You might think that these stone chairs and tables would provide a peaceful setting for a relaxing picnic after a visit to appreciate the classic masterpieces in the Detroit Institute of Arts. They do not serve that purpose. I tried to use this sculpture for a pleasant picnic. There were no ants, but it was an extremely short picnic because the chairs are uncomfortable and the tables do not fit with the chairs. This is a work of art!
Richard Nonas was only 31 when he used Swedish granite to produce this work. He was trained as an anthropologist, but quickly turned to sculpture. He produced large geometric pieces using stone, steel or wood—pieces that remain on the ground or floor rather than on a pedestal. You will notice that the drill holes used by the Swedish craftsmen to extract these stones from the quarry are clearly visible. I wonder if Richard Nonas deliberately selected these stones and crafted them into chairs and tables with the obvious drill holes incorporated as part of his design? There are four low tables here and four chairs.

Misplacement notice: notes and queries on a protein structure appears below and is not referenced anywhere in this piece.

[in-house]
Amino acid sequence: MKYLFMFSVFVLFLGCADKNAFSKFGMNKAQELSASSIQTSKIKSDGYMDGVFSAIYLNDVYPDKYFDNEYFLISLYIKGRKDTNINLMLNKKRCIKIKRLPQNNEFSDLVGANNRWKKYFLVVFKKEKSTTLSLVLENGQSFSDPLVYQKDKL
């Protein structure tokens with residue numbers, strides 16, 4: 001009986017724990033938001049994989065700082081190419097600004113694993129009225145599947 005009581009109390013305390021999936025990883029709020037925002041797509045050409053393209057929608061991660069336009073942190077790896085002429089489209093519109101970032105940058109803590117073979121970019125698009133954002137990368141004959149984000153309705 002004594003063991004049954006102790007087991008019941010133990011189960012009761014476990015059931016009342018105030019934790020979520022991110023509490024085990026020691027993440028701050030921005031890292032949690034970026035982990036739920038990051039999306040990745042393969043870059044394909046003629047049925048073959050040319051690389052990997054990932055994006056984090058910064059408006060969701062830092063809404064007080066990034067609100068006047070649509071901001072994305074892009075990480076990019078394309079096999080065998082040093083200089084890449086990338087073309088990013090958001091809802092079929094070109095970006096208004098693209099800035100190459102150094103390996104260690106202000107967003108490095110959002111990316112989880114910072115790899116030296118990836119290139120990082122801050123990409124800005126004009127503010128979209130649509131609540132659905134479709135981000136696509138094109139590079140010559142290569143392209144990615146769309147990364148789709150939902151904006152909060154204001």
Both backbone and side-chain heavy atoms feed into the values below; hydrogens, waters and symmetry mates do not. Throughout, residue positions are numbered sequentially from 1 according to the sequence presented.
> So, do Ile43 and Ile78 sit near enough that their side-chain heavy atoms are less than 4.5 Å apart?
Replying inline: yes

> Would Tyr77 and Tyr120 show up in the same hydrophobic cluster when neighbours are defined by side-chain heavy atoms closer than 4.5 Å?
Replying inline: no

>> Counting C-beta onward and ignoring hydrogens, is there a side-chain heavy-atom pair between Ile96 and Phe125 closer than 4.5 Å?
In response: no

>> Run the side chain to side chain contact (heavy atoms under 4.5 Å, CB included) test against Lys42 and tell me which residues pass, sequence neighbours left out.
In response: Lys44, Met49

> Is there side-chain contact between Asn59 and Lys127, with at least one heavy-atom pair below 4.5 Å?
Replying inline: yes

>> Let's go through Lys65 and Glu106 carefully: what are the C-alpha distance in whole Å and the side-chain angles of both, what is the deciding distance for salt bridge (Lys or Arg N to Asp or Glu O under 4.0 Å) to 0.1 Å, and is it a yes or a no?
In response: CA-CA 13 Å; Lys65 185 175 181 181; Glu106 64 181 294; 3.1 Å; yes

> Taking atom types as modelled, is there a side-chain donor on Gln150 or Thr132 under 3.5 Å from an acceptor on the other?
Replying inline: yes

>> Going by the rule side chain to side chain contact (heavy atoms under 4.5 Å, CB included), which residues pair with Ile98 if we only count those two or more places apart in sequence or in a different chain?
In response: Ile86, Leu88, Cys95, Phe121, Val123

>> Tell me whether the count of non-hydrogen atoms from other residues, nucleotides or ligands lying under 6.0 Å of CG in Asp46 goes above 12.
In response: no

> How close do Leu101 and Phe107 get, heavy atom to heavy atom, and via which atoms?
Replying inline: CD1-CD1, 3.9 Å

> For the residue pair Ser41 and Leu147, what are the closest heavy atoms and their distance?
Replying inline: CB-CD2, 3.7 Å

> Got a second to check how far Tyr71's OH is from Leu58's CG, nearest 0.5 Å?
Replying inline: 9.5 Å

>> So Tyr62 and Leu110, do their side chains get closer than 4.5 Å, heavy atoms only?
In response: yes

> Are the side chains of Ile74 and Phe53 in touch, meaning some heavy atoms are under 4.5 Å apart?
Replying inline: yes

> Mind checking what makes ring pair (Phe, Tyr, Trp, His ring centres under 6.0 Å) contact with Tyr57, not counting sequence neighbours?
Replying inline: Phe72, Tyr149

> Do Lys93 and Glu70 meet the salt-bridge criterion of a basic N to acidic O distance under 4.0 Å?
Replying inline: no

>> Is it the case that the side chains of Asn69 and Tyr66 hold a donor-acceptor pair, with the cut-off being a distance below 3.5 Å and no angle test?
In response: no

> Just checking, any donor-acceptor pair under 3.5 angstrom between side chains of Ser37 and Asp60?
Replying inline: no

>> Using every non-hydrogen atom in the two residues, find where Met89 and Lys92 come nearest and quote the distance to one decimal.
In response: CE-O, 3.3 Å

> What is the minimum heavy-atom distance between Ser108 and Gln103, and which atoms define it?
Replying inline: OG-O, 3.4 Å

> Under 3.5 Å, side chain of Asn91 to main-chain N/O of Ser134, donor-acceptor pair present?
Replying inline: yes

Sculptor: Richard Nonas
Material: Swedish Granite
Date of Creation: 1997|
Use in 2011: Public Sculpture in an attractive sculpture garden
Information about the sculptor: http://www.lawrencemarkey.com/nonas_b.htm
For more information: Art in Detroit Public Places, Revised Edition. By Dennis Alan Nawrocki and David Clements; Detroit: Wayne State University Press, 1999
Photograph: Ren Farley, May 21, 2011
Date description was updated: May, 2011
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